Enquiries: 01305 251150

Updated 2 August 2023

It is important that you get up and on your feet as much as you can after your surgery and complete the exercises you have been given as this will help aid your recovery and reduce the chance of complications. 

If you have had a knee replacement you should pace your activity and steadily increase your walking distance as you recover. 

If you have any questions or concerns once you have been discharged home, you can contact the Occupational Therapy Department on 01305 255241.

Activity after knee surgery

Walking
After your operation, you will be encouraged to get up and walk. It is important to walk on a regular basis and to steadily increase the distance as you recover. It is normal to be allowed to put full weight through your operated leg.

As soon as possible try and walk placing one foot past the other in a normal walking pattern. You can progress to using one crutch or a stick held on the opposite side to your operated leg as soon as you feel safe and comfortable to do so. If you are uncomfortable or if you limp when walking, continue to use your walking aids. You are likely to need to use elbow crutches outdoors for about four weeks.

Exercises
Completing the below exercises will help aid your recovery, improve movement in the knee joint and develop the strength of the muscles around it. These exercises should be completed three to four times a day, repeating each exercise up to ten times.

Initially the exercises may feel difficult due to pain and weakness, so it is important that you take pain medication regularly. It is normal to feel a stretch around the operation site when exercising. 

In lying or sitting position, bend and straighten your ankles briskly.

Repeat 10 times regularly during the day. This reduces swelling and the risk of blood clots.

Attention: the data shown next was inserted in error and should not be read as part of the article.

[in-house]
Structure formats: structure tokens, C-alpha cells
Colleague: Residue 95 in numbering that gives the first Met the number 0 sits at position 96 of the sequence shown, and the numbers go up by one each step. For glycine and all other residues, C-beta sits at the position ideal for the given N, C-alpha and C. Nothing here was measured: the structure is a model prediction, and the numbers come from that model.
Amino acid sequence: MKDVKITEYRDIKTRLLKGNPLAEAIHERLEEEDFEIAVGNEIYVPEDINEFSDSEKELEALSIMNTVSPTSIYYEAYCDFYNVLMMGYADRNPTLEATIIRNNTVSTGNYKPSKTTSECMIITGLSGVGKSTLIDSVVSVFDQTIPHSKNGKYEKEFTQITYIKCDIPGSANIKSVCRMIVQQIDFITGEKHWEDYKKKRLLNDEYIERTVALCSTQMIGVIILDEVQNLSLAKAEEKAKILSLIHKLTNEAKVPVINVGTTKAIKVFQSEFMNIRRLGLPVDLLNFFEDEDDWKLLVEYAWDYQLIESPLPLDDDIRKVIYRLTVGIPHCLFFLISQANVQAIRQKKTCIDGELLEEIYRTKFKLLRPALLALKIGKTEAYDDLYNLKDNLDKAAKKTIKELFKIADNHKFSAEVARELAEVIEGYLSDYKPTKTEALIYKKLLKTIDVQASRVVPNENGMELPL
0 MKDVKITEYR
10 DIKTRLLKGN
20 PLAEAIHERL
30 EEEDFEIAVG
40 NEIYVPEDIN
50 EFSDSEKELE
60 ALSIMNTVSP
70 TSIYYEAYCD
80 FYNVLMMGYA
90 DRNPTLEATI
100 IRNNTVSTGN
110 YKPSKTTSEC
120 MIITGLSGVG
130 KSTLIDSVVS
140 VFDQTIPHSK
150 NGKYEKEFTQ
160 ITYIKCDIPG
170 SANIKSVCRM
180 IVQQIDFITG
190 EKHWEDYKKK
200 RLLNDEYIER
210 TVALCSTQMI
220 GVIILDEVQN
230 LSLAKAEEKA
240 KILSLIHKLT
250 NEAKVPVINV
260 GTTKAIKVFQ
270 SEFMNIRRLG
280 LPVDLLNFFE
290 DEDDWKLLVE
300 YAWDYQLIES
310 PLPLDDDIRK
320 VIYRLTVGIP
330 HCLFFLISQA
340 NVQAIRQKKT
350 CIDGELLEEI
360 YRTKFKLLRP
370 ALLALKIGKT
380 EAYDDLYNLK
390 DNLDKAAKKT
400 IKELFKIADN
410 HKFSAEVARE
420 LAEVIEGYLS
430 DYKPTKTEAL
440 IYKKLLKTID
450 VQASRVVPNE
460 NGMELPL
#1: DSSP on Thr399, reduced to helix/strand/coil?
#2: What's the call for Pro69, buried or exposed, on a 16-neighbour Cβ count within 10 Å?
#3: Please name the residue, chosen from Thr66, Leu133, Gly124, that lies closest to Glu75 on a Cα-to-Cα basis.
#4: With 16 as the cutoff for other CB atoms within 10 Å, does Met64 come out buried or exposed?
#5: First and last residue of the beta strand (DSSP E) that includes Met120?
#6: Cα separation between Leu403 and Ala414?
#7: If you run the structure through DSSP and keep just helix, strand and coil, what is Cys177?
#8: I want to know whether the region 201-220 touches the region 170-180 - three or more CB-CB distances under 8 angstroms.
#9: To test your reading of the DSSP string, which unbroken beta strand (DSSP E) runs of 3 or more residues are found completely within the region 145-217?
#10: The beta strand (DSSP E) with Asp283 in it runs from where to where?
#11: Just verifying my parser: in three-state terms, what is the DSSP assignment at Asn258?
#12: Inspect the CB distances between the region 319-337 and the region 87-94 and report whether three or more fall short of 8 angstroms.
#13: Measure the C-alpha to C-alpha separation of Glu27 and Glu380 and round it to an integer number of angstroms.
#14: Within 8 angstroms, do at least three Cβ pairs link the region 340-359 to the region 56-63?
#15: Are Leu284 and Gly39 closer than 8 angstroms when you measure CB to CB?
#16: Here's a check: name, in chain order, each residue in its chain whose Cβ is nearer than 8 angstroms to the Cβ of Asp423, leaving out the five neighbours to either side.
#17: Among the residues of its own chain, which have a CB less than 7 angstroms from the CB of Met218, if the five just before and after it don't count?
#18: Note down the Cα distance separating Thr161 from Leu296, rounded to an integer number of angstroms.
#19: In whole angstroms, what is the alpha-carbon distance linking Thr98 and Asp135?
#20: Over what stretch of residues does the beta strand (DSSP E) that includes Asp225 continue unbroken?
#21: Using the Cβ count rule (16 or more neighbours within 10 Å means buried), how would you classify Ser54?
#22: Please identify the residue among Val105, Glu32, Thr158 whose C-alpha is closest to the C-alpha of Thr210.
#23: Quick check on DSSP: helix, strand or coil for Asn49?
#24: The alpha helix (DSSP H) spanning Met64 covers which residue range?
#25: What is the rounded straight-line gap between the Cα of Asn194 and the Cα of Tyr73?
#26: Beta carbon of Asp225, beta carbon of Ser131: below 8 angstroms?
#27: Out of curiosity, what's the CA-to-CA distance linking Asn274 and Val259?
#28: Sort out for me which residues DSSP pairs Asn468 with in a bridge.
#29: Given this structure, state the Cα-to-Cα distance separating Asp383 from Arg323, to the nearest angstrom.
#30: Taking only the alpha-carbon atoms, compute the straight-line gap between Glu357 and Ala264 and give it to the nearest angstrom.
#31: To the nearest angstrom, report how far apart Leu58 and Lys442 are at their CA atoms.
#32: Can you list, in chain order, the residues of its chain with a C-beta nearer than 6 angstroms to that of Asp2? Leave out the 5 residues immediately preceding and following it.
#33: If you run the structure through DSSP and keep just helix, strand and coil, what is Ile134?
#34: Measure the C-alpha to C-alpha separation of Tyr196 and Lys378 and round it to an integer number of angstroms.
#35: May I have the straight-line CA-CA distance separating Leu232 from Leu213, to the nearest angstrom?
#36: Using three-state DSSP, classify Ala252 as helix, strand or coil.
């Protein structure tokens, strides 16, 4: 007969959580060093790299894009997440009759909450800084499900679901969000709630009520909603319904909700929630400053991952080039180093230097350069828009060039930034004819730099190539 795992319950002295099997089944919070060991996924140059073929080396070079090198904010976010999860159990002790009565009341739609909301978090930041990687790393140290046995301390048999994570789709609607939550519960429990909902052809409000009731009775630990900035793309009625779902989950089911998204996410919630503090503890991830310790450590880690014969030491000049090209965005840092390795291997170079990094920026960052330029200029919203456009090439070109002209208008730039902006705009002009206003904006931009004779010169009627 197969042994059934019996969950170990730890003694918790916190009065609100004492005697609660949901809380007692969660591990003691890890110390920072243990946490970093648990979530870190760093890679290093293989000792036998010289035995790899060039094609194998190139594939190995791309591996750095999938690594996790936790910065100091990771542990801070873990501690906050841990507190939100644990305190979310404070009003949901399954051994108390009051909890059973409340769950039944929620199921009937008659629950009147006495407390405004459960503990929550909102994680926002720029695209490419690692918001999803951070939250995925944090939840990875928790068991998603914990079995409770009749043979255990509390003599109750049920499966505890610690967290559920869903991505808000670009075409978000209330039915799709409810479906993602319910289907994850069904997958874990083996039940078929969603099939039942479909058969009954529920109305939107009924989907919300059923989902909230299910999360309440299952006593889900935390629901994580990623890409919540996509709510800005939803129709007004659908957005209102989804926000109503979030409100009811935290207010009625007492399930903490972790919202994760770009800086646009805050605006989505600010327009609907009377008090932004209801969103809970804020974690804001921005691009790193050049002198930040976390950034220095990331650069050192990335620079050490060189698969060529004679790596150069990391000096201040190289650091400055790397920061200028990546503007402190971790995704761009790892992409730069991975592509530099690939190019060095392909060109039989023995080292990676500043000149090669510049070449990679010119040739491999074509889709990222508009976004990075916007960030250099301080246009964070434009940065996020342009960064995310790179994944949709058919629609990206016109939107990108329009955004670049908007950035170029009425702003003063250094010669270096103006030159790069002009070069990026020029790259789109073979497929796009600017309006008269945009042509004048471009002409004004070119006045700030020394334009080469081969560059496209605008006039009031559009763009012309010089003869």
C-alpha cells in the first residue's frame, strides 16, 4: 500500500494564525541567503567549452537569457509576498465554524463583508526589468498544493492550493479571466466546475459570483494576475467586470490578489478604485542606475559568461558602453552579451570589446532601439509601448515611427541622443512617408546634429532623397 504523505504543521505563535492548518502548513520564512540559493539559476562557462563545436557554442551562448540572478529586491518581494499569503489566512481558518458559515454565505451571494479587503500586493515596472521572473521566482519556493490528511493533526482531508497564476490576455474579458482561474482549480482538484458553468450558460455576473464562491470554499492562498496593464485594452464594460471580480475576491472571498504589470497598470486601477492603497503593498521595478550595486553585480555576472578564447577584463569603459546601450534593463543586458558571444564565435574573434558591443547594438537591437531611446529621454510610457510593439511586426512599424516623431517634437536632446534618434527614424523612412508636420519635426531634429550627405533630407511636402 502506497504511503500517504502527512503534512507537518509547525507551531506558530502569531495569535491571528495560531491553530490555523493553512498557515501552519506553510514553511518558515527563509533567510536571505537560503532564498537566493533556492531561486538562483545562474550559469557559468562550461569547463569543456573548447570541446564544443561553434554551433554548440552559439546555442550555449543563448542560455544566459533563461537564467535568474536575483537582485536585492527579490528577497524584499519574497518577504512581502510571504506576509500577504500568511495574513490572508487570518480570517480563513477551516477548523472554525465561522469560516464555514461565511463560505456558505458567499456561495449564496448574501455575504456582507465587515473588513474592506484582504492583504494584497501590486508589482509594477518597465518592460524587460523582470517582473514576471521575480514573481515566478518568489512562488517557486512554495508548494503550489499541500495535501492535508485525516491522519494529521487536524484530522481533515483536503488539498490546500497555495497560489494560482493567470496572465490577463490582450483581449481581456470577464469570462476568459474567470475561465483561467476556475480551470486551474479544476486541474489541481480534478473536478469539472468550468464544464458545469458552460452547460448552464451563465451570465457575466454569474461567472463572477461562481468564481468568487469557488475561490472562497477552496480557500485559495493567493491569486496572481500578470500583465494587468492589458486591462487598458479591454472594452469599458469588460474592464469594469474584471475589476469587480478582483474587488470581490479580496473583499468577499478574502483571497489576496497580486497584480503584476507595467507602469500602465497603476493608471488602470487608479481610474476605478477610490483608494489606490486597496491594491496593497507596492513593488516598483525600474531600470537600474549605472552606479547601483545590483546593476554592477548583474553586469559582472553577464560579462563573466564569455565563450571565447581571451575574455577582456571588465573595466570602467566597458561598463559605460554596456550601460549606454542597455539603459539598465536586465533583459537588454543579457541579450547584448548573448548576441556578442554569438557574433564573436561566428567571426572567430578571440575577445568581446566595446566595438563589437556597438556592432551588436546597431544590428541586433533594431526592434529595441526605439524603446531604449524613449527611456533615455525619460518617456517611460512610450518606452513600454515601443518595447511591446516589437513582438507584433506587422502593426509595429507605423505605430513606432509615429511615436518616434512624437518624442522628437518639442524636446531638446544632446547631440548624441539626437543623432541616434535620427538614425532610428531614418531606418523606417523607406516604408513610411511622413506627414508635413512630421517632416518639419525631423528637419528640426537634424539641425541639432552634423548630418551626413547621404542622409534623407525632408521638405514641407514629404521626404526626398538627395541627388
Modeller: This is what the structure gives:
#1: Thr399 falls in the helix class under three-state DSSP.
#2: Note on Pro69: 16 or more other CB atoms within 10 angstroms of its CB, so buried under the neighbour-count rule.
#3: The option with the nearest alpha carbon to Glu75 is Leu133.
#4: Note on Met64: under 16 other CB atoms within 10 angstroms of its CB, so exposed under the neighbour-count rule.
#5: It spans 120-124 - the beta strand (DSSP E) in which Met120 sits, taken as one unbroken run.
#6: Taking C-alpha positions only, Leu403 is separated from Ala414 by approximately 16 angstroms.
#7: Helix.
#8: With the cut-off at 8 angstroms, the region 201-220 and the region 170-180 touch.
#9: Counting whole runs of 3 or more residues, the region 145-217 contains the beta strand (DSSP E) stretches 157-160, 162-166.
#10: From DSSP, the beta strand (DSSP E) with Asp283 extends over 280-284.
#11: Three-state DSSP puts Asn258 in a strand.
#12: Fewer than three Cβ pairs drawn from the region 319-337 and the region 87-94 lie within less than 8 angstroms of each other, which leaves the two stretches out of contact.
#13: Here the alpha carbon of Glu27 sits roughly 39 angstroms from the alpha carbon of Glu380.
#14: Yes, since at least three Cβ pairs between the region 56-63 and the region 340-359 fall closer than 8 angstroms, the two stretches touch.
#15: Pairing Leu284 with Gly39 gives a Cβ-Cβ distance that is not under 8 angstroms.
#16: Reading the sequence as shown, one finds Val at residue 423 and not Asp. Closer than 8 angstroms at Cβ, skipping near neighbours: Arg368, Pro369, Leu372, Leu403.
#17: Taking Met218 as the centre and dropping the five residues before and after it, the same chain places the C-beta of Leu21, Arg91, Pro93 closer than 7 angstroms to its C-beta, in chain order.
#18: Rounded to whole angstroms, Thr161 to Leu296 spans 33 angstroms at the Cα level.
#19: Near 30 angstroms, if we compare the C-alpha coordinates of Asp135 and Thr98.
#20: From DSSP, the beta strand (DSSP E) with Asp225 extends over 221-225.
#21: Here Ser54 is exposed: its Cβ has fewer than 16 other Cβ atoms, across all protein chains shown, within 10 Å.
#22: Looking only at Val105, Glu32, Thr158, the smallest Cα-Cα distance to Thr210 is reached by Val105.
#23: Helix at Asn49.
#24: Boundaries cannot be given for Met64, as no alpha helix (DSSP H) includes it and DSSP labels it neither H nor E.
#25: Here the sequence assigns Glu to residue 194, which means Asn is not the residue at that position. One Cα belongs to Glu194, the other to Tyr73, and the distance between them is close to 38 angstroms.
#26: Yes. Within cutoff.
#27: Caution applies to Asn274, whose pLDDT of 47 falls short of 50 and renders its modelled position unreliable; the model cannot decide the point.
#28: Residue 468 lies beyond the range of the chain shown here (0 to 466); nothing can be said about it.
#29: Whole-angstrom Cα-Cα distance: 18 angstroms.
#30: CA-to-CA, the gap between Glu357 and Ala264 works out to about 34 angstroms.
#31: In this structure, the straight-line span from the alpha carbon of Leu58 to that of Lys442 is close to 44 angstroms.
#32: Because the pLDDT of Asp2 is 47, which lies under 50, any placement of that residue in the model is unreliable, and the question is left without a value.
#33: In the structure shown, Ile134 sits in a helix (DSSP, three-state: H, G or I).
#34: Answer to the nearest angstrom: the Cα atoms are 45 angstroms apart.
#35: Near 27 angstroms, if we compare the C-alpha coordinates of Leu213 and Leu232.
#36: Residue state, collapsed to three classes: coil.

Lying on your back with legs straight and toes pointing to ceiling.

Bend your ankles and push your knees down firmly against the bed. Hold for five seconds and relax Repeat 10 times.

Lying on your back with legs straight. Lift your leg 15cm (6inches) off the bed keeping your knee straight Hold for three seconds and slowly lower your leg. As you get stronger, hold for 10 seconds. Repeat 10 times.

Sitting or lying with your leg out in front of you, put your heel on a block / rolled up towel so there is no support beneath your knee. Let the knee stretch in this position. Start with a short time building up to five minutes. 

Lie on the bed with the knee resting on a rolled towel or sit in the chair.

Straighten the knee from the bent position. Repeat 10 times.

Sit or lie with your legs straight.

Slide your heel up towards your bottom allowing your knee to bend. Repeat 10 times.

It is advised that you continue these exercises daily for at least three months after your surgery to build up muscle strength around the knee.

Rest
Rest is as important as your exercises in healing and managing pain and swelling. Alongside your exercises, ensure you have a period of rest daily. This should be a period of approximately 30 minutes lying down, at least for the first three-four weeks after your operation. Elevate your leg (ensure you keep the knee straight) to help reduce swelling. Do not sleep or rest with a pillow underneath you knee.

Driving
You should be able to return to driving when you are able to walk a good distance and complete an emergency stop. This should be within two to three weeks of the surgery. If you need to go on a long journey, plan in regular stops to rest and stretch.

Returning to 'normal'
Most people are ready to return to work at six-eight weeks after their operation. You can resume most physical activities as soon as you feel comfortable and confident. You can swim once your wound has healed, starting straight leg kicking and avoid breaststroke initially. Exercise bikes and treadmills can be used once knee movement allows, returning to outside cycling once comfortable.

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